COMMENT By Seye Omidiora Follow on Twitter
If the magnitude of the task facing Unai Emery at Arsenal wasn’t widely acknowledged going into the season, the Gunners’ successive league defeats at the start of the campaign represented a wake-up call for the Spaniard.
The 2-0 opening day defeat at home to champions Manchester City preceded the entertaining 3-2 loss against Chelsea at Stamford Bridge in gameweek two, which saw the North London club already playing catch up early on.
The aforementioned loses, which saw Emery hold the unwanted record of becoming the first Arsenal manager since 1986 (Steve Burtenshaw) to lose his first two games as Gunners boss probably prompted the Spaniard’s epiphany, and he opted to play Pierre-Emerick Aubameyang in tandem with Alexandre Lacazette in attack.
Granted, the former Paris-Saint Germain manager has sought to do things differently from Arsene Wenger’s regime, but he probably would’ve been served better by keeping the one thing that seemed to offer a fair bit of optimism in the Frenchman’s last few months from the off – the blossoming partnership of the two frontmen.
The change from Emery was birthed in gameweek three, against West Ham United at Emirates Stadium.
Having seen the sides go in level at the break, the former PSG boss withdrew the somewhat ineffectual Alex Iwobi for Lacazette, and Arsenal went on to win 3-1.
Neither of the pair scored on the day, but it set the wheels in motion for their ongoing winning run of six in all competitions, with four coming in the league.
In the games that have followed that London derby triumph over the Hammers, Aubameyang has gone on to score two goals in three games, the first in a 3-2 win at Cardiff City (which came after great inter-play with Lacazette), before scoring again in last week’s 2-0 win over Everton on home turf.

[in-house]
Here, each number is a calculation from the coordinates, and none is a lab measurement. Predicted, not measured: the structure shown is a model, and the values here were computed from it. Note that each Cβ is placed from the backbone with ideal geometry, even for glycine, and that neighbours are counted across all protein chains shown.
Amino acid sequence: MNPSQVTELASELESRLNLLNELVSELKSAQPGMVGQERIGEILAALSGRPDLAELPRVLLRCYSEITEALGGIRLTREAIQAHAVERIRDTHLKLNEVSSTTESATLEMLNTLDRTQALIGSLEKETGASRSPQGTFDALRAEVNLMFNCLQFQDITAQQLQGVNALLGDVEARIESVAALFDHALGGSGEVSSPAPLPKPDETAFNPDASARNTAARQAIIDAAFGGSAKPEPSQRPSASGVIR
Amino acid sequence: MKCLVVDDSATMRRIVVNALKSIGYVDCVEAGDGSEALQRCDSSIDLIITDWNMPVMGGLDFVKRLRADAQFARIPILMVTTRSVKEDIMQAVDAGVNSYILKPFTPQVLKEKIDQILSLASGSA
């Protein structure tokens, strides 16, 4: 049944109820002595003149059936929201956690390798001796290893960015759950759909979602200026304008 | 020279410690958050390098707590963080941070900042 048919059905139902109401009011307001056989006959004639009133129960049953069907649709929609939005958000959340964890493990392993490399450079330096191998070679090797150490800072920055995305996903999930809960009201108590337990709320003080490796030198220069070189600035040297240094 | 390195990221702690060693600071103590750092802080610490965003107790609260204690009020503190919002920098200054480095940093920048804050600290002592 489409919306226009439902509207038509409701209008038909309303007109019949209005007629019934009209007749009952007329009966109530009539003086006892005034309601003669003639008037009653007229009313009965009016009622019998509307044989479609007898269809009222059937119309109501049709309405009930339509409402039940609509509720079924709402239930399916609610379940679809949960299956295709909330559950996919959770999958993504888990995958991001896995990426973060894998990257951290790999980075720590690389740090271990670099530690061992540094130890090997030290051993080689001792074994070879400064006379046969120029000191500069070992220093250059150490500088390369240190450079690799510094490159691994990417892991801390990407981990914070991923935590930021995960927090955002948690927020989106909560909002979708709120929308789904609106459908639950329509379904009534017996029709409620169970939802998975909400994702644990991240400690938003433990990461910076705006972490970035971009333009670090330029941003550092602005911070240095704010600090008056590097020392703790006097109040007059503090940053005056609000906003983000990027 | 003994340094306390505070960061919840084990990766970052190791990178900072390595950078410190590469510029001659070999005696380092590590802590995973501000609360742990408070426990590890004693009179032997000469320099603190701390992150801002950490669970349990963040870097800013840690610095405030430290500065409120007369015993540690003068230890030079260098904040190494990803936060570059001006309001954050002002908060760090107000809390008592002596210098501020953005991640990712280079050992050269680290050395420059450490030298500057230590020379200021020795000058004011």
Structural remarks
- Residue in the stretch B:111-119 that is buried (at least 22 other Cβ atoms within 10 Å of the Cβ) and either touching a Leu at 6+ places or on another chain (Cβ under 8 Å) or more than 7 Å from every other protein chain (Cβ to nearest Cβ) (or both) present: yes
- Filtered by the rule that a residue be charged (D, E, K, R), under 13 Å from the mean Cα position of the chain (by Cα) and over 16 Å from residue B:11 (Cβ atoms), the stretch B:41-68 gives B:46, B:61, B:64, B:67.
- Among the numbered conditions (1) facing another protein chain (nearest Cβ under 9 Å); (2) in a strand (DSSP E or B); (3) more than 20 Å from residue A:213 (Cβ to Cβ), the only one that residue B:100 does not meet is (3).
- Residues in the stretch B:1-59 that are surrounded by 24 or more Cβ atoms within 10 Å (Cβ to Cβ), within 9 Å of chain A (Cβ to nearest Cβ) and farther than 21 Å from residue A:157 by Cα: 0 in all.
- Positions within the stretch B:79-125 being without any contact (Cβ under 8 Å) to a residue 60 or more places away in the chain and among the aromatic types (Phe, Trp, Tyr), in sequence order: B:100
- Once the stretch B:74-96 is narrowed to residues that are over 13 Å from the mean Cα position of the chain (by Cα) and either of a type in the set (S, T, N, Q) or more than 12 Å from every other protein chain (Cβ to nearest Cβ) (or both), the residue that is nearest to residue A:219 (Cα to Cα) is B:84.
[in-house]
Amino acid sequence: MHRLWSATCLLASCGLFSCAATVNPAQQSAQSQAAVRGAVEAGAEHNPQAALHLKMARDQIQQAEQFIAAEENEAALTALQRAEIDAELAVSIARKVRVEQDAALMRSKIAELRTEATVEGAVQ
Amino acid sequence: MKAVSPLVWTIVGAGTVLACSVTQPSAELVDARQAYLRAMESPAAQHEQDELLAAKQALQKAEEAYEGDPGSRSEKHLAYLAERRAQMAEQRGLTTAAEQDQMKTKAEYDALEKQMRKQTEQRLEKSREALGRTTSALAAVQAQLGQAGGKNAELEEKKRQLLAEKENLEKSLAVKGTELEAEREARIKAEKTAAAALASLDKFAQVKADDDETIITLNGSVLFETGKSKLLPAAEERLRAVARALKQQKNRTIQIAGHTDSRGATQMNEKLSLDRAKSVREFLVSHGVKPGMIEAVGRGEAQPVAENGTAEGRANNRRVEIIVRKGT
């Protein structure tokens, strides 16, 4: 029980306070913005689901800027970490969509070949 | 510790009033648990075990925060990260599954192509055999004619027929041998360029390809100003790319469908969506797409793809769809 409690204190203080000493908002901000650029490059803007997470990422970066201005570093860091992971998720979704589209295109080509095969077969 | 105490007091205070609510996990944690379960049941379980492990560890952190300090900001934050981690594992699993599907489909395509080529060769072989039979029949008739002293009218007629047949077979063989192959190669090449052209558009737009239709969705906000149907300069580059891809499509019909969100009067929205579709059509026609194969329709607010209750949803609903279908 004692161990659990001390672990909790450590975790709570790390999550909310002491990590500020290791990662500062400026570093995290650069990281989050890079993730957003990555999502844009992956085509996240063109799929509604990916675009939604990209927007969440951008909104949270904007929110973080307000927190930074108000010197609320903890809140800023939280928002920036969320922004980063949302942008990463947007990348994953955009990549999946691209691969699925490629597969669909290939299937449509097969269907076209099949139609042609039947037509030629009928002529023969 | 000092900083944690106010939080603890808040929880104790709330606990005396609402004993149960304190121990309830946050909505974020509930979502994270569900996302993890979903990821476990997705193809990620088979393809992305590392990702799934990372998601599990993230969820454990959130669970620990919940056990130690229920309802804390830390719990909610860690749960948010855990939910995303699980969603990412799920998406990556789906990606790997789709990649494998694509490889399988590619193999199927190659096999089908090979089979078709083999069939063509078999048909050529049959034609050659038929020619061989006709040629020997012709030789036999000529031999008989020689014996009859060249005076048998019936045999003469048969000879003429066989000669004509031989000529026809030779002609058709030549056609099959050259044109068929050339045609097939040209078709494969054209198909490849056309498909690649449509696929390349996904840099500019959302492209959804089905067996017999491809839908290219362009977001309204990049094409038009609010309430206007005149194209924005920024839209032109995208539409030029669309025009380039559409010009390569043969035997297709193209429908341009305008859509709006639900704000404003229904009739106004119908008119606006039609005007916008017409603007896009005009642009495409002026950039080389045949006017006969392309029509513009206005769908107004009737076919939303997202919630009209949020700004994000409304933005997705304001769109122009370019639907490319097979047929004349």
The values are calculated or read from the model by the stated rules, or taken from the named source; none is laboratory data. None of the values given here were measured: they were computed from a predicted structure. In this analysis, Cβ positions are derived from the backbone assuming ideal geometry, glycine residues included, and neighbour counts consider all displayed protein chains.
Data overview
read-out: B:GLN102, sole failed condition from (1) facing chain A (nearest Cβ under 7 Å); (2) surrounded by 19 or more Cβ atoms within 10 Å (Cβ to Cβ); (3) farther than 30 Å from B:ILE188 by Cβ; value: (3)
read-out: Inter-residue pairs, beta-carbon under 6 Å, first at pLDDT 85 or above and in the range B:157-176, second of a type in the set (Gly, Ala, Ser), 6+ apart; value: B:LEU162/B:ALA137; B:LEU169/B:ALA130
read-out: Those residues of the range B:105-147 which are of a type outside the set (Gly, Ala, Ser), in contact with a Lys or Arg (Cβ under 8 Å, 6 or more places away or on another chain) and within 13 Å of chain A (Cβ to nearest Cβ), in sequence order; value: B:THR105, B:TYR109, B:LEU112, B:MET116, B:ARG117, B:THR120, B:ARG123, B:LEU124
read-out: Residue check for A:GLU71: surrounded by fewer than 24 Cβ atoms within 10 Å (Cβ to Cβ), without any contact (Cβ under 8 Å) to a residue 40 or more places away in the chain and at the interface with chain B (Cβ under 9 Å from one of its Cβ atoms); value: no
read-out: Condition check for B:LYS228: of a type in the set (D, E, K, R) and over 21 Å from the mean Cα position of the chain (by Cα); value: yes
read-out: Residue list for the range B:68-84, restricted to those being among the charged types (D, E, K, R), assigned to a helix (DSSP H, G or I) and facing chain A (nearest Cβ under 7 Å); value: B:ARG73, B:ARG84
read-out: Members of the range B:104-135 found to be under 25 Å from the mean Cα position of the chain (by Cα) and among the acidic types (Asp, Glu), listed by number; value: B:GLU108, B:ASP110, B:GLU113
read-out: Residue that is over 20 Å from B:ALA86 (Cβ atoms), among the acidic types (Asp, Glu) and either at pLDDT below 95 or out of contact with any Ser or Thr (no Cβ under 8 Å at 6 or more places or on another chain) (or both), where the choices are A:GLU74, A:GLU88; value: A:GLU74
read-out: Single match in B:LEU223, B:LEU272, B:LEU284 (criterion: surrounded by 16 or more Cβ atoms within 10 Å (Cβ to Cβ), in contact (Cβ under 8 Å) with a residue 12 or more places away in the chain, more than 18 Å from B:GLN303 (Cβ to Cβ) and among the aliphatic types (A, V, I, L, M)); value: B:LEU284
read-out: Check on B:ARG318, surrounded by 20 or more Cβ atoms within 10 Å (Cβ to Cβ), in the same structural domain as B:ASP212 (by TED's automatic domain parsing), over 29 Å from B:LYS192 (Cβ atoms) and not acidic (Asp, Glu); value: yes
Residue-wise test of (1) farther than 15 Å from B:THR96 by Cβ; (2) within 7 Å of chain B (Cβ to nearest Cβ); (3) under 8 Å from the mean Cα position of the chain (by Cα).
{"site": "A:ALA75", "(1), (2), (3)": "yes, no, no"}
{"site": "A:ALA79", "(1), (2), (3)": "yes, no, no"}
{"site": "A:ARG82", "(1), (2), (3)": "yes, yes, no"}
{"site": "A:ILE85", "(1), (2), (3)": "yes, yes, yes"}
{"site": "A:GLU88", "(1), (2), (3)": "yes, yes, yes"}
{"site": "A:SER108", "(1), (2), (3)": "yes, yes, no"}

He also netted for Gabon in their 1-1 draw against Burundi during the Africa Cup of Nations qualifiers.
It is worth noting that the forward’s pair of goals have now taken his tally since switching clubs in January to 12 goals in 19 games. When you take into account he didn’t have time to fully integrate into the side before scoring 10 in his first 13 games, you wonder what impact he could have had at Arsenal if he'd signed at the beginning of last season, rather than halfway through the campaign.
Maybe the English giants would have ended the year in the top four, or even won the Europa League to mark Wenger's departure.
Admittedly, that’s all speculation, but it only reveals just how much of an impact the Gabon international has had since his move to the capital.
It should be pointed out that irrespective of the fact that Aubameyang and Lacazette are utilized together; Emery hasn’t switched his tactic from the 4-2-3-1 he used at the start of the season. The Gabon international has largely been deployed on the left, while the Frenchman operates as the lone forward.
Conversely, it should also be noted that while ‘Auba’ may be deployed on the left, he doesn’t operate as an orthodox winger, but mostly tucks in and plays closer to the his strike partner, which further helps their link up on the pitch. Playing him away from the centre of pitch makes sense too, given most sides Arsenal face don’t give enough space to run in behind, which sometimes renders his pace ineffective.